Nancy Butler Songer, dean of Drexel’s education school, told Ed Week that Jewelbots are “very cool,” but don’t require real programming to get started. It’s easy to set up the bracelet to vibrate or light up when a friend is near.

However, motivated users “can download a free app that allows for more complex functionality (think: added colors, coordinating with groups of friends, etc.),” writes Herold. They can also use an arduino, or small microprocessor, “to write and upload their own code to program the bracelet in myriad ways—for example, to light up when your friend posts a photo of you on Instagram.”

Chipps, the company’s founder, compared Jewelbots to the uber-popular computer game Minecraft, in which users can either play in an existing online universe or write their own modifications, create their own worlds, and even set up their own servers.

“It’s a super-profitable game that has taught tens of thousands of kids how to code,” she said. ” We’re trying to do the same thing, just targeted towards girls.”

Some complain that “girly tech” perpetuates stereotypes.

Girls get engaged when they can use programming to solve real-world problems, said Lisa Abel Palmieri, who created a renowned coding- and computational thinking program at a girls’ private school in Pittsburgh.

“The best way to engage girls in coding and STEM is by making learning contextualized,” she said. “We should help them understand what the big picture is and how learning technical things can help improve the lives of others.”

Teens must save the world from ‘DUST’

NASA has launched an alternate reality game called DUST to get teens excited about analyzing data, testing theories and communicating ideas. It’s also supposed to attract girls and minority teens to STEM problem-solving. (I wonder why the kids in the promo trailer are white.)
NASA's 'DUST' Gets Students, Young Women Excited About STEM

In the game, dust from a meteor shower puts every adult in a coma. “It is up to the players, whose target ages are 13-17, to save the world [and their parents’ lives] by the end of seven weeks of play.”

Players receive new parts of the story and science clues every few days through social media, email and game apps. They interact with other players and with fictional characters.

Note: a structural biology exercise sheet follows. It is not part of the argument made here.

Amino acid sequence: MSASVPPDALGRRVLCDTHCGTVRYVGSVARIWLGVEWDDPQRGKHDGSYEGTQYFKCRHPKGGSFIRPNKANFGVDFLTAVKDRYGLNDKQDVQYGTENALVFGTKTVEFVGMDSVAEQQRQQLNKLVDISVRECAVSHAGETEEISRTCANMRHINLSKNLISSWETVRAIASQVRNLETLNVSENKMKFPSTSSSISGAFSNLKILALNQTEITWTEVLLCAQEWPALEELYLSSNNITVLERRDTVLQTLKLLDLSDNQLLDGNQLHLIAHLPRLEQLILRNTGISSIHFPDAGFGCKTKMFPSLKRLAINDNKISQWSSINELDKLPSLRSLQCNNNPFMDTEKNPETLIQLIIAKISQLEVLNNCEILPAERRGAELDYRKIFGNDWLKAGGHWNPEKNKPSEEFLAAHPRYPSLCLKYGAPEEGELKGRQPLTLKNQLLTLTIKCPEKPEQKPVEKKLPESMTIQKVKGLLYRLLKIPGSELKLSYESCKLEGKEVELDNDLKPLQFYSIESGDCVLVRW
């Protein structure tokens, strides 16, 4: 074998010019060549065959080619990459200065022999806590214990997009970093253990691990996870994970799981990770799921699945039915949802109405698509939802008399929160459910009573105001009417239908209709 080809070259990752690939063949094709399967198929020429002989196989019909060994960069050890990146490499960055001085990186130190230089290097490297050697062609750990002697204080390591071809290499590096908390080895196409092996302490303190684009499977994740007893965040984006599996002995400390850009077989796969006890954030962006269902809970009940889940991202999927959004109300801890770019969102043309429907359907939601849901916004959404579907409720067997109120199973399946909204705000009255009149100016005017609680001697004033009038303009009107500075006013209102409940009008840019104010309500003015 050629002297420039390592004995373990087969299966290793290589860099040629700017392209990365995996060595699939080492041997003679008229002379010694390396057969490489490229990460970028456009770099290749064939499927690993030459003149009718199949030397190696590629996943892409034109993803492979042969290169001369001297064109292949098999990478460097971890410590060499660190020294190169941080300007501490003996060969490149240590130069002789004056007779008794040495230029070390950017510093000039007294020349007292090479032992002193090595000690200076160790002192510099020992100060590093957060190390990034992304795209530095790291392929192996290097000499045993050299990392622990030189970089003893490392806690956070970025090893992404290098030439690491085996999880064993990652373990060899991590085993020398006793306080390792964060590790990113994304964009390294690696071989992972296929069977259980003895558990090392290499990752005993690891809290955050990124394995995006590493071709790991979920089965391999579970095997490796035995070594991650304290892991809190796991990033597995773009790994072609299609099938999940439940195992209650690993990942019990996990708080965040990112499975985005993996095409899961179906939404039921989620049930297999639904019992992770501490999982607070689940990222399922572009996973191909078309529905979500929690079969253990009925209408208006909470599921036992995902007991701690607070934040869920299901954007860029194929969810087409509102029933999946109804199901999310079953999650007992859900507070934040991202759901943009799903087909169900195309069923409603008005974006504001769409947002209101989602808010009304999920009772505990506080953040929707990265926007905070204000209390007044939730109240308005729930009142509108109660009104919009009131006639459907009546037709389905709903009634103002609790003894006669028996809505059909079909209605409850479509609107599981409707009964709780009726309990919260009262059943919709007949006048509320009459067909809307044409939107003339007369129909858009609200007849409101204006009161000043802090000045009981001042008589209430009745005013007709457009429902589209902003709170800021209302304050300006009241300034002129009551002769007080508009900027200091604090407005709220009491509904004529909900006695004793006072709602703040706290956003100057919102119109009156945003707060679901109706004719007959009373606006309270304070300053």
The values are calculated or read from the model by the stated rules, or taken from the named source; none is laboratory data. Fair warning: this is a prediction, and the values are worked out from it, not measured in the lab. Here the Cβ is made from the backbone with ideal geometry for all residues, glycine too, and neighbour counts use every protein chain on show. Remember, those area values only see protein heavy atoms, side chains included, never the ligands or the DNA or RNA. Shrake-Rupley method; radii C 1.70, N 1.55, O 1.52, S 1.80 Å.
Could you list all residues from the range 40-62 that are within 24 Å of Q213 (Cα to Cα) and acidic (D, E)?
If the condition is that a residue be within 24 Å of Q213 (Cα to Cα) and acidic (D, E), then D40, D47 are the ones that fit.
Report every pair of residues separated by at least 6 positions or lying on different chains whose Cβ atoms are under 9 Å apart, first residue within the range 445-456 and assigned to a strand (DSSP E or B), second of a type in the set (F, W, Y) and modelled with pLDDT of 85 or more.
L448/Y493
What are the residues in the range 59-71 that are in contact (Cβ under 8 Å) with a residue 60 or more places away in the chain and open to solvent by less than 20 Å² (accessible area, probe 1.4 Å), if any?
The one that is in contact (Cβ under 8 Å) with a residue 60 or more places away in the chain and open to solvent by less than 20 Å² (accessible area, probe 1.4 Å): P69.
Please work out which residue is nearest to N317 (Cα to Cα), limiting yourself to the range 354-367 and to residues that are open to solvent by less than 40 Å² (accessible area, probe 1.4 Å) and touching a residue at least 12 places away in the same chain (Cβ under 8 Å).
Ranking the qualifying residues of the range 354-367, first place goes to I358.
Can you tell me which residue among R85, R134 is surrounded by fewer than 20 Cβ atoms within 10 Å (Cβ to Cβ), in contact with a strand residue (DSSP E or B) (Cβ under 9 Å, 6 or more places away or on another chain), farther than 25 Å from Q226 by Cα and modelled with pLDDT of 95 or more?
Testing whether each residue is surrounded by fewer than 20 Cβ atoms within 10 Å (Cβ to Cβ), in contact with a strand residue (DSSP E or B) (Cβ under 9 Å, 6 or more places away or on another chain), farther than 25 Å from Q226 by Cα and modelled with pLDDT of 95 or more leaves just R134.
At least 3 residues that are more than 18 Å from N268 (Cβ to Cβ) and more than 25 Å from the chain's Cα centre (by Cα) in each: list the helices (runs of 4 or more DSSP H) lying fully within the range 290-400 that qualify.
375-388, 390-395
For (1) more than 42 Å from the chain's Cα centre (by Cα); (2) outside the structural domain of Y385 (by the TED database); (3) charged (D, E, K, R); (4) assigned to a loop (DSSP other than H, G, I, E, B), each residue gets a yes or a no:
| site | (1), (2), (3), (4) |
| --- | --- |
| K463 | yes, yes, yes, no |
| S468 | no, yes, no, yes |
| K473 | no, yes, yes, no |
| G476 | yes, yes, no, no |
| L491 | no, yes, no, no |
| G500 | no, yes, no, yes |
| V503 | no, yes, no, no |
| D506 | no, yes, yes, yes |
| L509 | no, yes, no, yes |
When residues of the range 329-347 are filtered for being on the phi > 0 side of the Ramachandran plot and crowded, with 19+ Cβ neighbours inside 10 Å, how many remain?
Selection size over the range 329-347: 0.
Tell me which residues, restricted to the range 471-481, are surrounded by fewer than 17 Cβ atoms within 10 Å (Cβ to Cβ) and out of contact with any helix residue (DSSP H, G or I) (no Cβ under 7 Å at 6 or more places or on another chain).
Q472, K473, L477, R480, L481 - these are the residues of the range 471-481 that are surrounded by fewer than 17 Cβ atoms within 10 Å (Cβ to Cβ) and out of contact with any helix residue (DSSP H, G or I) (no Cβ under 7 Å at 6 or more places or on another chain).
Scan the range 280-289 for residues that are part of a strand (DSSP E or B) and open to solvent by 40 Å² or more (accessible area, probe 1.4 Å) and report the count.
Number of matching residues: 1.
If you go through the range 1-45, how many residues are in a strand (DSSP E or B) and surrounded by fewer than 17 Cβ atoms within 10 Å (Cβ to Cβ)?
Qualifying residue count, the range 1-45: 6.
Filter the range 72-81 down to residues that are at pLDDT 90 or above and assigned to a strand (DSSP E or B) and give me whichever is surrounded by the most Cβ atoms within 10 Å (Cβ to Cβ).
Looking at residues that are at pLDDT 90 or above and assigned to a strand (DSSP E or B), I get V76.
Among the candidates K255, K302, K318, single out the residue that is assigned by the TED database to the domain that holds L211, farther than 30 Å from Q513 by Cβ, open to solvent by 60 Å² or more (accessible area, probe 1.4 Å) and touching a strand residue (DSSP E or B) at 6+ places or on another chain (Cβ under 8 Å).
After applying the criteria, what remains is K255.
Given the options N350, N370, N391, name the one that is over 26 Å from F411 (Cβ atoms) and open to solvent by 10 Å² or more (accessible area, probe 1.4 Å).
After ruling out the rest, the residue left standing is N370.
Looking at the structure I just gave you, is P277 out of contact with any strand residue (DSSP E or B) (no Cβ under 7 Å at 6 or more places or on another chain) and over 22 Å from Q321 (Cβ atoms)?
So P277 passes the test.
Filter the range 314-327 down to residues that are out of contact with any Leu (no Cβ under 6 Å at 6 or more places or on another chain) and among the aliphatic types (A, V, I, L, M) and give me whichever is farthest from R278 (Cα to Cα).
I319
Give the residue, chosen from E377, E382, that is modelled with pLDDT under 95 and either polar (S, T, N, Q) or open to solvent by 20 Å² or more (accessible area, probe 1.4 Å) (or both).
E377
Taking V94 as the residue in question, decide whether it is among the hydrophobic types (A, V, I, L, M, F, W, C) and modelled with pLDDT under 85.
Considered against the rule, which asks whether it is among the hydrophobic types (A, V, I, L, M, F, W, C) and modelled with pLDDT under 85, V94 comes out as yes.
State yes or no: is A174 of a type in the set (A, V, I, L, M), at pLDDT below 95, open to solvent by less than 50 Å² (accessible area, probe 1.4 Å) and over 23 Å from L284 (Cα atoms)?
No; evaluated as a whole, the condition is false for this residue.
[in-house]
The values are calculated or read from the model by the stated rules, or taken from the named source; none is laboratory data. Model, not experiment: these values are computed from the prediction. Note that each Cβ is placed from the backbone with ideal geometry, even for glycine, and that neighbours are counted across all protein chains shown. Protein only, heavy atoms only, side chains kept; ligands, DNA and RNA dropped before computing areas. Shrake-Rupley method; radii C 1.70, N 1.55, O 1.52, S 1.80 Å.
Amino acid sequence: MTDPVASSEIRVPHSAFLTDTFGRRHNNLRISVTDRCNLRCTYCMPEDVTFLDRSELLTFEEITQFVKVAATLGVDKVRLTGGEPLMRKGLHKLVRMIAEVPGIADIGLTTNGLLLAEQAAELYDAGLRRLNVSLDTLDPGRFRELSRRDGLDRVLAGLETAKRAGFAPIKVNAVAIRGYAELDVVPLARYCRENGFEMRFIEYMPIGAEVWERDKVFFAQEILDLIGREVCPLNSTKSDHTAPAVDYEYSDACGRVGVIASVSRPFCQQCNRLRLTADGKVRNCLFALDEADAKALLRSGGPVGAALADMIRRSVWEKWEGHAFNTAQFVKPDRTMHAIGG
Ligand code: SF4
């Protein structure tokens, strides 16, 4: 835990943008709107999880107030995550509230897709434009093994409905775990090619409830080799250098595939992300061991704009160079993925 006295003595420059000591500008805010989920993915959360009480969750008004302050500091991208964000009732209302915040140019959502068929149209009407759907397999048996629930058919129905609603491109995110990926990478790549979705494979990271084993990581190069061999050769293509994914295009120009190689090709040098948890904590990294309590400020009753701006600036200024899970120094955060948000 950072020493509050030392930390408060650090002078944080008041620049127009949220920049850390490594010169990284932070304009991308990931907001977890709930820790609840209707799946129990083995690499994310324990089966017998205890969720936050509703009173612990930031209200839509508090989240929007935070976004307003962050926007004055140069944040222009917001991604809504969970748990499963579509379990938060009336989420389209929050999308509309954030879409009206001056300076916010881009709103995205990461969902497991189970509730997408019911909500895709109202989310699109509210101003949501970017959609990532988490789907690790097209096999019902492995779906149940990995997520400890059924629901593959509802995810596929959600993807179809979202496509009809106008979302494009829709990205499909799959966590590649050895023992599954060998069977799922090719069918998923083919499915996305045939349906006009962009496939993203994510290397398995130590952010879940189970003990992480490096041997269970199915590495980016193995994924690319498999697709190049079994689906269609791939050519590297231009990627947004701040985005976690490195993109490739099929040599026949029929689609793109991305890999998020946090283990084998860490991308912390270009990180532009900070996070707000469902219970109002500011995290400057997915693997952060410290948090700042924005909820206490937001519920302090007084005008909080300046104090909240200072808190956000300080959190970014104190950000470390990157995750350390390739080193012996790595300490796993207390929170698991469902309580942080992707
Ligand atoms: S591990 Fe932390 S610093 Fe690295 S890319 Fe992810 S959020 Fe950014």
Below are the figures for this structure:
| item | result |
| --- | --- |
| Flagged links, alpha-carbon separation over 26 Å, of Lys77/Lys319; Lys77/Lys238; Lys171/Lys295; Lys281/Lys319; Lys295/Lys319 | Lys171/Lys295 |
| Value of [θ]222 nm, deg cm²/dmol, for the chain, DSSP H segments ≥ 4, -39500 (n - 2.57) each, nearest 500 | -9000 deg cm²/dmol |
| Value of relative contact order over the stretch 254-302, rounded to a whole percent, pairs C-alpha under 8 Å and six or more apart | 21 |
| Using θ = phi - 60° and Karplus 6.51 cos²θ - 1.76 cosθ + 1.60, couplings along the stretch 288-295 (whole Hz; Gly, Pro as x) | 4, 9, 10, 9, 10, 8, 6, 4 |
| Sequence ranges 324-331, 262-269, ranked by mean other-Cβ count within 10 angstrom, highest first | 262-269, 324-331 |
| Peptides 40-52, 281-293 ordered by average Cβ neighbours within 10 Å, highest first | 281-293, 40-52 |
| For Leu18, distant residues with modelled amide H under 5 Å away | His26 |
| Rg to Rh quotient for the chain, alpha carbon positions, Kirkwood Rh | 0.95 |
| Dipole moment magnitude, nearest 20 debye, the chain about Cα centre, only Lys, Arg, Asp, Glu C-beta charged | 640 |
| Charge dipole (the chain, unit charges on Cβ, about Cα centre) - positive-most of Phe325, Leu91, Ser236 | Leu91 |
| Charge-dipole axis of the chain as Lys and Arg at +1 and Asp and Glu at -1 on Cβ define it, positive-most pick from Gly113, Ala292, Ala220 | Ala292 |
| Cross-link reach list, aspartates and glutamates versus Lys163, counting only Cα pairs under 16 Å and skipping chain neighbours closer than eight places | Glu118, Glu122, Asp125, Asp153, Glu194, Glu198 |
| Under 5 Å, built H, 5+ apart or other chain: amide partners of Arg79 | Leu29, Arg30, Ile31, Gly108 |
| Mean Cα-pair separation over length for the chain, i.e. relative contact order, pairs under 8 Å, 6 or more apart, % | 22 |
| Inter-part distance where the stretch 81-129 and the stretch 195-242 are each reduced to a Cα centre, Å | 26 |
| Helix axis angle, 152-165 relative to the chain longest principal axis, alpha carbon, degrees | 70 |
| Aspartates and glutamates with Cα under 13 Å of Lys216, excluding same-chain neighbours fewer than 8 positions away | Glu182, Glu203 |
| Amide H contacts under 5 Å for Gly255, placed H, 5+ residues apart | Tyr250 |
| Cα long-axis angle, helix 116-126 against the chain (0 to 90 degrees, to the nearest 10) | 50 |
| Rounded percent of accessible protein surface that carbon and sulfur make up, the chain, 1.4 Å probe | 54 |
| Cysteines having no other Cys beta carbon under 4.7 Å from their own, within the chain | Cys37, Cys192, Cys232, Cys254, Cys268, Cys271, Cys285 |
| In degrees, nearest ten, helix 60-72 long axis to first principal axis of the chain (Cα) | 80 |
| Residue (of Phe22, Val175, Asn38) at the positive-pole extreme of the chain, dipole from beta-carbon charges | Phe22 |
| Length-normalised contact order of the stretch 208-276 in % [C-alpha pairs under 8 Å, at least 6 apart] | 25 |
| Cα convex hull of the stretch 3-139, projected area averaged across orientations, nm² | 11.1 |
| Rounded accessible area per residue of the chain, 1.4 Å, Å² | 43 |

NASA, Brigham Young and the University of Maryland developers collaborated on the game with help from college students.  Middle schoolers tested mobile apps and the player community website.

Updating the Magic School Bus

Has The Magic School Bus reached the end of the road? asks Alexandra Ossola in The Atlantic. After all, the popular science series requires kids to read.  That’s so 20th century.

I recently came across a copy of a relic from my childhood: The Magic School Bus Inside the Human Body. In it, Ms. Frizzle, the “strangest teacher in the school,” shrinks down her class (and their bus) so they can travel through the human body. They see the digestive system hard at work, blood cells up close, and muscles in action, with quips from characters in the comic book format.

School Bus, which debuted in the mid-1980s, made it to video in the ’90s.

Despite the shift to digital devices, “the heart of science communication still hinges on narrative,” argues Ossola. But the story may be told through video games, movies and websites.

Girls in particular are captivated by stories, including those that involve science. . . . By integrating STEM and narrative literature, educators hope that more girls will stick in those fields.

This year, I gave GoldieBlox engineering kits to my six-year-old niece and five-year-old step-granddaughter. Each kit comes with a story about how Goldie and her friends design and build something to solve a problem.

 

Less praise, more young scientists

Too Many Kids Quit Science Because They Don’t Think They’re Smart, write Alexandra Ossola in The Atlantic

“For most students, science, math, engineering, and technology (STEM) subjects are not intuitive or easy,” she writes. (Barbie said it: “Math is hard.”) Overpraised children aren’t prepared to struggle, Ossola argues